Fancy features, asymmetrical doors from Frigidaire's newest fridge

Along with a drawer that can double as an extra freezer, this high-end French door fridge features an extra-wide right-hand door.

Ry Crist Senior Editor / Reviews - Labs
Originally hailing from Troy, Ohio, Ry Crist is a writer, a text-based adventure connoisseur, a lover of terrible movies and an enthusiastic yet mediocre cook. A CNET editor since 2013, Ry's beats include smart home tech, lighting, appliances, broadband and home networking.
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Ry Crist
2 min read

If you're in the market for a brand new refrigerator this year, then Frigidaire hopes that you'll consider the Frigidaire Gallery FG4H2277UF, a counter-depth French door model announced just in time for the Kitchen & Bath Industry Show in Las Vegas.

Ringing in at a lofty retail price of $3,599 (but, as of 2/19/19, also on sale at outlets like AJ Madison for around $2,500), the fridge boasts two noteworthy features. The first is the "Custom-Flex Temp Drawer," which you can set anywhere from -6 to 45 degrees F. That's similar to the "FlexZone" compartment in top-of-the-line Samsung four-door fridges, a feature that lets you dial one half of the freezer up into fridge mode.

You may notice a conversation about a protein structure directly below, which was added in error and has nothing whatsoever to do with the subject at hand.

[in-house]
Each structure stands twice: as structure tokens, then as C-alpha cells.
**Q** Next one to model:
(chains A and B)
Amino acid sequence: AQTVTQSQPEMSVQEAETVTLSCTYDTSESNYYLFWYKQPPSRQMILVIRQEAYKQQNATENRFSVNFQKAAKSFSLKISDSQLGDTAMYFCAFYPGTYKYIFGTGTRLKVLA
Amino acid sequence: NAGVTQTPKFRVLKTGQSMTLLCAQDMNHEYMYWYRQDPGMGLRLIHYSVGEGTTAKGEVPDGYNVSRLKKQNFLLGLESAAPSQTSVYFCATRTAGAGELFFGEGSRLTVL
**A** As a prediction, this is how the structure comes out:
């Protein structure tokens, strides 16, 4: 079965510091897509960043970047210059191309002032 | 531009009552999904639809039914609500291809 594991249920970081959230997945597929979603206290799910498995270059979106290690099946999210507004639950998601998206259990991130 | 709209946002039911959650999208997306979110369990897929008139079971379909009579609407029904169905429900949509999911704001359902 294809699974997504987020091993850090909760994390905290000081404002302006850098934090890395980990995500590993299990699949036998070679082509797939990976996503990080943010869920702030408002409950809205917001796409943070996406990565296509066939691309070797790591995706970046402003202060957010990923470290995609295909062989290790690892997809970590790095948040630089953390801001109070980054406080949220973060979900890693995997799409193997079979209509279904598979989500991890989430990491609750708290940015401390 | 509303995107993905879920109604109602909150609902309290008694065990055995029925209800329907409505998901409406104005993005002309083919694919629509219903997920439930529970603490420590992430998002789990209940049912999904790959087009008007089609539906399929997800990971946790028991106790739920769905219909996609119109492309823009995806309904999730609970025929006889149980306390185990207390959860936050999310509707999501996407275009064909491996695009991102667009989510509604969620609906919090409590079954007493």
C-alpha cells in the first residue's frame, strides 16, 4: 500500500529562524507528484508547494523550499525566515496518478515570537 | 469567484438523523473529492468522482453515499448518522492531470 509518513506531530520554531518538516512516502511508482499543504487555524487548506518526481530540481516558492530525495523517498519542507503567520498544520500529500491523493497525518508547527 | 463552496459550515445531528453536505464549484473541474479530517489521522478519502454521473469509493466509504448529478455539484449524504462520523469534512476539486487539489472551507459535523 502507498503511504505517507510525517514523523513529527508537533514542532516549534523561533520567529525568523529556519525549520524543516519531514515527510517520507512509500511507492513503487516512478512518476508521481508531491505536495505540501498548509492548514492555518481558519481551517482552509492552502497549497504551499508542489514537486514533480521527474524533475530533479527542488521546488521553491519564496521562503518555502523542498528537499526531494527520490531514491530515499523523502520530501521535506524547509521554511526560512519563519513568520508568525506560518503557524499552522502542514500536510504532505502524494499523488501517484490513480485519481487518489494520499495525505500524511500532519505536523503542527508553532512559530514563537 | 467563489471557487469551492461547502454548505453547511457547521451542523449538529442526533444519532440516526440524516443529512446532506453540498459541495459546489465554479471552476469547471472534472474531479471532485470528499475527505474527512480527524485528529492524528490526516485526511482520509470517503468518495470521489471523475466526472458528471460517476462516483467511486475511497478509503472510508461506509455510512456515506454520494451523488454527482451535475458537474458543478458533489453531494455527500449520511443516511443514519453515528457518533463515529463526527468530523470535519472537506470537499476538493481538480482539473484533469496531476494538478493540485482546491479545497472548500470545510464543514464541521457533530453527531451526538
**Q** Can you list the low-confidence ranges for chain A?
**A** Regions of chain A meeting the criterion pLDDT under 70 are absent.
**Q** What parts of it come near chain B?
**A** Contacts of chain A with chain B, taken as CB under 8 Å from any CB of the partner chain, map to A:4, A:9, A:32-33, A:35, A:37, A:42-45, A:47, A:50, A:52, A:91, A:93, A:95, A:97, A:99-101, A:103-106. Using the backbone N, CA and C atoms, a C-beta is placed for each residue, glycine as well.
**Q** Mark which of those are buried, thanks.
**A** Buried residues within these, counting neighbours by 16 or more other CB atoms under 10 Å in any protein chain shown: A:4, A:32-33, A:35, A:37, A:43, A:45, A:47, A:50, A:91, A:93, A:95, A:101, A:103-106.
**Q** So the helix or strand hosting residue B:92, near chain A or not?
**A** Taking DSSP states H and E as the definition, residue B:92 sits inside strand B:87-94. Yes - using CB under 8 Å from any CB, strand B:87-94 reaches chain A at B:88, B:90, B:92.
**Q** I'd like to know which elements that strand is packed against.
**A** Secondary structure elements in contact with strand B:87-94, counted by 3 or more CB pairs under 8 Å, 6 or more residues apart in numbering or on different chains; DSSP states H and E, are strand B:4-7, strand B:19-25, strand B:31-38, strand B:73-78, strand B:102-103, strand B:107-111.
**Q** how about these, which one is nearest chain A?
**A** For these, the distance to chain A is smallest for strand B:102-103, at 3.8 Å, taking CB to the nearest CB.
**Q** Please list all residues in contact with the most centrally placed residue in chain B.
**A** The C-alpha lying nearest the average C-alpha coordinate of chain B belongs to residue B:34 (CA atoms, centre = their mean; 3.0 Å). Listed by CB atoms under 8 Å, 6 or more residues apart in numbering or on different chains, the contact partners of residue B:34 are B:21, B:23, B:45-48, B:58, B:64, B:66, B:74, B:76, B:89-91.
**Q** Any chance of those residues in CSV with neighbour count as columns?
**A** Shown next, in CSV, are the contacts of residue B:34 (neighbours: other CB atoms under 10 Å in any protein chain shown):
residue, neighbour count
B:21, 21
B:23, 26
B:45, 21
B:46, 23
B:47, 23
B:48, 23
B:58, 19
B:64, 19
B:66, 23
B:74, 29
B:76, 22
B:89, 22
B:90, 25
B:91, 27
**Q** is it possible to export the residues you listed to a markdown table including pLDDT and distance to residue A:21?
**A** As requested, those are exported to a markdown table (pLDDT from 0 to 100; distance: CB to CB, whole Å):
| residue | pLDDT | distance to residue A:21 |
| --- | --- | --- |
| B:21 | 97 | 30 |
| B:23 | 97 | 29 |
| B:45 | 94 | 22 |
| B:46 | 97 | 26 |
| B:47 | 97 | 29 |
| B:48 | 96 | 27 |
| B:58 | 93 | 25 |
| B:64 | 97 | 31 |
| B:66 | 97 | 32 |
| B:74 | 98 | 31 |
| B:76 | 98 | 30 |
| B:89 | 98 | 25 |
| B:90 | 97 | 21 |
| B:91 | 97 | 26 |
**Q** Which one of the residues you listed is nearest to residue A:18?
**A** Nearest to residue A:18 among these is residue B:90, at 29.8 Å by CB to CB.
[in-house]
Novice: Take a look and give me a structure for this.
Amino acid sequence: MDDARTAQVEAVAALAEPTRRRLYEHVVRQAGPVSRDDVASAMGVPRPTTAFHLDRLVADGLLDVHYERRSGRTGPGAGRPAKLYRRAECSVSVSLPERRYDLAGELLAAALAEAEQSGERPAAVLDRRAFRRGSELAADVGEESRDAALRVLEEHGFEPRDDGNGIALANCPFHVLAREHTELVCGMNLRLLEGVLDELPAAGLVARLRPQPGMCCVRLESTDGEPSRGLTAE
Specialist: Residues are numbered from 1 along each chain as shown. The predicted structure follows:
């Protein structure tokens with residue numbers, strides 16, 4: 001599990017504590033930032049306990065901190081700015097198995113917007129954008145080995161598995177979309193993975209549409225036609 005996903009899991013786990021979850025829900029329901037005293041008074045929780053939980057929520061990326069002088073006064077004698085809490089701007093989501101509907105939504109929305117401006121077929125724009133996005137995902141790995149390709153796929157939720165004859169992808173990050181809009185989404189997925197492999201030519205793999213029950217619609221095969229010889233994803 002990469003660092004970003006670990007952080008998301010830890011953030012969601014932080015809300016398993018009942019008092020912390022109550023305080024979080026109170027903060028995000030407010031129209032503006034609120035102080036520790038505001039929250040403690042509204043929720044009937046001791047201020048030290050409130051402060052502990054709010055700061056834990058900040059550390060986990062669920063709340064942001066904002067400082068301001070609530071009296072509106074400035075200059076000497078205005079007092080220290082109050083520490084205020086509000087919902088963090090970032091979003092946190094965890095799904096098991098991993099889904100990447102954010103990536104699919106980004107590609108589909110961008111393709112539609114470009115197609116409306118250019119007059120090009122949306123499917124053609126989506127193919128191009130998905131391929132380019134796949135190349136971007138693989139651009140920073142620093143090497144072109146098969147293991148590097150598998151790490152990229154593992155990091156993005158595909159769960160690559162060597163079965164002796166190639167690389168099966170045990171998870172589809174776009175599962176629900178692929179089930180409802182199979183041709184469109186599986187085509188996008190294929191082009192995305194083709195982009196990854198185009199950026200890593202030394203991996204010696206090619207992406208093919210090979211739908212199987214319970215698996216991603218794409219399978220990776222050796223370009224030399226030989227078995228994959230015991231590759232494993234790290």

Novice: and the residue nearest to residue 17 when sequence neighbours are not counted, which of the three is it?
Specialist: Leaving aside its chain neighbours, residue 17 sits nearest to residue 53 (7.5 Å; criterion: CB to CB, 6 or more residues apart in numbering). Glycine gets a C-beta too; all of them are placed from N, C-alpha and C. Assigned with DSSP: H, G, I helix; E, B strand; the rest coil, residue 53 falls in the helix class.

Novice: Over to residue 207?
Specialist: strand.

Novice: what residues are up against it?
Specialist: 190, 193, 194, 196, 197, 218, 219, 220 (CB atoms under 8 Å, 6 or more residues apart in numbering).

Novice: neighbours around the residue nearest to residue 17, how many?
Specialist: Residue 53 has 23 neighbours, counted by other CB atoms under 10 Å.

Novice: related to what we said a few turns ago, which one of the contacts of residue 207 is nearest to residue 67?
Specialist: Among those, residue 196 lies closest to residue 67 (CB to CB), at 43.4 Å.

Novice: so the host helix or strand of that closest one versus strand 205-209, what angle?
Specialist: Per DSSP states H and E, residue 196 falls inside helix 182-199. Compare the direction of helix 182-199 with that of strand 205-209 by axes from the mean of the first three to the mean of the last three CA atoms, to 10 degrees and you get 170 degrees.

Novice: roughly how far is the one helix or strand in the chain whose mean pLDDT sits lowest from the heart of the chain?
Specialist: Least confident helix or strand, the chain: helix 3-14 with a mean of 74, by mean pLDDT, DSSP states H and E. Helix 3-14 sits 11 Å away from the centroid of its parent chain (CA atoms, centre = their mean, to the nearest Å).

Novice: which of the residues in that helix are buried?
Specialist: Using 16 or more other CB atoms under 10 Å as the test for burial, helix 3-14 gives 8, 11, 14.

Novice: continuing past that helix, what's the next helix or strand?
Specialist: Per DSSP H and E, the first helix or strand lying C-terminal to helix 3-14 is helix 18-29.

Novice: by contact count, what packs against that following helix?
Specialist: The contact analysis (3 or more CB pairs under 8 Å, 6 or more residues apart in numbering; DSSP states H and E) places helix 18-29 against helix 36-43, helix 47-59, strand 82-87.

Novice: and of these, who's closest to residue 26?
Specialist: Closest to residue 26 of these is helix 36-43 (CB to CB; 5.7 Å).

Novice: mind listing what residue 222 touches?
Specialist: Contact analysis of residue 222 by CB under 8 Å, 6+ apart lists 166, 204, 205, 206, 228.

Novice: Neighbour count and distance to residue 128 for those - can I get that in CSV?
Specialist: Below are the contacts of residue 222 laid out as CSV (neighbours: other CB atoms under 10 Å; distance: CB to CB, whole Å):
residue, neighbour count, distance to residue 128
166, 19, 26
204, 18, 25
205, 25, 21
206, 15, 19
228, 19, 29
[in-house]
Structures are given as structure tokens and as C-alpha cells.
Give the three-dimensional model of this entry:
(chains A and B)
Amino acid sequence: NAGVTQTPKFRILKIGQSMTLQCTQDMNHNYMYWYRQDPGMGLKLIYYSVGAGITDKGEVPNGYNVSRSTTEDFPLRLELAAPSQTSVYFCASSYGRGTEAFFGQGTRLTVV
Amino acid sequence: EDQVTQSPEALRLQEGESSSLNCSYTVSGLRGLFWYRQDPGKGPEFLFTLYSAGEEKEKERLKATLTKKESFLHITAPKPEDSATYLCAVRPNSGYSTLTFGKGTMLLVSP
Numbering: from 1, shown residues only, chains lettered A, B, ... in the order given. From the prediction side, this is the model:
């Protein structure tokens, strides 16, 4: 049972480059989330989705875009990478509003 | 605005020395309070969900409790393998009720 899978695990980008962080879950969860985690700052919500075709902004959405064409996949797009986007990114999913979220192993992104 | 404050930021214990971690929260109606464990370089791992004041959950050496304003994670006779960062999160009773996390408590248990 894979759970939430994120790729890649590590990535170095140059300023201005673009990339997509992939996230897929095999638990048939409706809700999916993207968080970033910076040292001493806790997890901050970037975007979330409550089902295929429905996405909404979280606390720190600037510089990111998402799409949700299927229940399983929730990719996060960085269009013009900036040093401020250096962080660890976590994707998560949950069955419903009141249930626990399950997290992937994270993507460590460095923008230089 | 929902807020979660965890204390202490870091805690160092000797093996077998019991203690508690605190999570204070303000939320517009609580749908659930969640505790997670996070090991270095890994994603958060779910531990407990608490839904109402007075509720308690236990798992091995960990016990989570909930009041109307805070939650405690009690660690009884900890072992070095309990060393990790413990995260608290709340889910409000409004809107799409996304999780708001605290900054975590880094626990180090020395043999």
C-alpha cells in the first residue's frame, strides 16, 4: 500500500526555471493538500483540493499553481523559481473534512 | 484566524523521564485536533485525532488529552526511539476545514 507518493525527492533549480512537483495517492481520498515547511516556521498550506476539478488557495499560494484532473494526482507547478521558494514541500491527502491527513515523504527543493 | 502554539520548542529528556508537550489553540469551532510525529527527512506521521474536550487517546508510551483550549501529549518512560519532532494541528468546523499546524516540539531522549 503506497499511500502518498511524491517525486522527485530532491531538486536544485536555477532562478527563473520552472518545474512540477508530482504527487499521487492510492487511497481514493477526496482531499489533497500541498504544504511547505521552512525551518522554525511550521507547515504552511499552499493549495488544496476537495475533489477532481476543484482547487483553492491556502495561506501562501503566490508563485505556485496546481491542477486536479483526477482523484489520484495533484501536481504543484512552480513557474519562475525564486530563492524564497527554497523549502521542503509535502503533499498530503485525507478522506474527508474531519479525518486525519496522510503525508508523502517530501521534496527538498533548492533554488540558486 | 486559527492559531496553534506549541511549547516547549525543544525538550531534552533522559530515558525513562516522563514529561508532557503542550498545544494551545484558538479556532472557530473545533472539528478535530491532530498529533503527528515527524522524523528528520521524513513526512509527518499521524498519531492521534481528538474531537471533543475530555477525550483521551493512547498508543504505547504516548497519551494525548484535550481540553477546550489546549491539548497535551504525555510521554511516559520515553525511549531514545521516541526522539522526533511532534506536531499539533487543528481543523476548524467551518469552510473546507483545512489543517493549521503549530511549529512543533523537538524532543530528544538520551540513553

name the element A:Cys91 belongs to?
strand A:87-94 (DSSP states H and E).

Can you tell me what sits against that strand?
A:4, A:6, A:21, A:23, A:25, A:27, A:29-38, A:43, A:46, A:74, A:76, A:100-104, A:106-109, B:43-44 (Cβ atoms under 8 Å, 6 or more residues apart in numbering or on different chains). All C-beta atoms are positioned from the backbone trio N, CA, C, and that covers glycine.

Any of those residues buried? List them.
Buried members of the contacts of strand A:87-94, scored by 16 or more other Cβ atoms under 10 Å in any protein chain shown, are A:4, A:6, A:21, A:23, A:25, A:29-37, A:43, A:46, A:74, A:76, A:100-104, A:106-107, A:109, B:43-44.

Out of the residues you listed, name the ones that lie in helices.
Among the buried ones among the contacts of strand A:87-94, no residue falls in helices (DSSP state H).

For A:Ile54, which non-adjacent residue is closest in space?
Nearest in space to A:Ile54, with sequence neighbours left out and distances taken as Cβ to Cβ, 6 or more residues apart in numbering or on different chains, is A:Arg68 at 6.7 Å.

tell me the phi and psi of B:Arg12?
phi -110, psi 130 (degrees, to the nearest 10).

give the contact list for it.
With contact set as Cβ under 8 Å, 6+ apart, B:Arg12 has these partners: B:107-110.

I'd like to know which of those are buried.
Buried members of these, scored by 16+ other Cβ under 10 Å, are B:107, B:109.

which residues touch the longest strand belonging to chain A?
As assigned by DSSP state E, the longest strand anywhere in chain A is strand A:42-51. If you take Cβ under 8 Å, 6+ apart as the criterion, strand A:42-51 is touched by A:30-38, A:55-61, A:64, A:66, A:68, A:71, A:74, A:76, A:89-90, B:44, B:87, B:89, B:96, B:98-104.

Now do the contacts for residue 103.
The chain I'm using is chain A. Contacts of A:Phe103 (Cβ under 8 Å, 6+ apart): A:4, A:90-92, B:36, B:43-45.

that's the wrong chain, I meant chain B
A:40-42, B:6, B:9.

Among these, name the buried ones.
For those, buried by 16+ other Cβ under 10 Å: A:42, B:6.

With Frigidaire, that flex compartment isn't part of the freezer, but rather, a dedicated drawer. Frigidaire calls it the first drawer of its kind to offer both fridge and freezer settings, and also says that its temperature range is the widest money can currently buy. 

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Frigidaire's newest high-end fridge is a little off-center.


The second feature of note: An asymmetrical design that gives you an extra-wide fridge door on the right. Frigidaire calls it the "OpenAccess Door," and the idea is that it'll let you reach up to 75 percent of your fresh groceries without needing to open both doors. That's not an awful pitch -- the fact that French door models typically require you to use both hands to open any more than 50 percent of the fridge is an understated shortcoming.

That said, this is kind of a goofy-looking refrigerator, right? I'd want to use it for myself before judging too harshly, but the off-center approach would certainly take some getting used to.

Part of the problem for me is that it looks to be a pretty basic-looking high-end refrigerator to begin with. Clad in the usual, smudge-resistant stainless steel and devoid of any other deviations from the norm as far as design is concerned, the asymmetrical build just seems to stick out to me.

Then there's the price. $3,599 is obviously really expensive, even among high-end refrigerators (you can get a four-door Family Hub touchscreen fridge from Samsung or a coffee-making smart refrigerator from GE for less). The drawer that flips between fridge and freezer modes is a nice, luxurious touch, but still, Frigidaire will need to deliver some very strong performance in order to justify the cost here.

That said, Frigidaire might simply be inflating the initial price tag a bit so that retailers can give it as steep-looking of a discount as possible. In fact, as of writing this, the FG4H2272UF is already available from a number of retailers for more than a $1000 less. We'll keep an eye on it and tell you more as soon as we get a chance to test it out.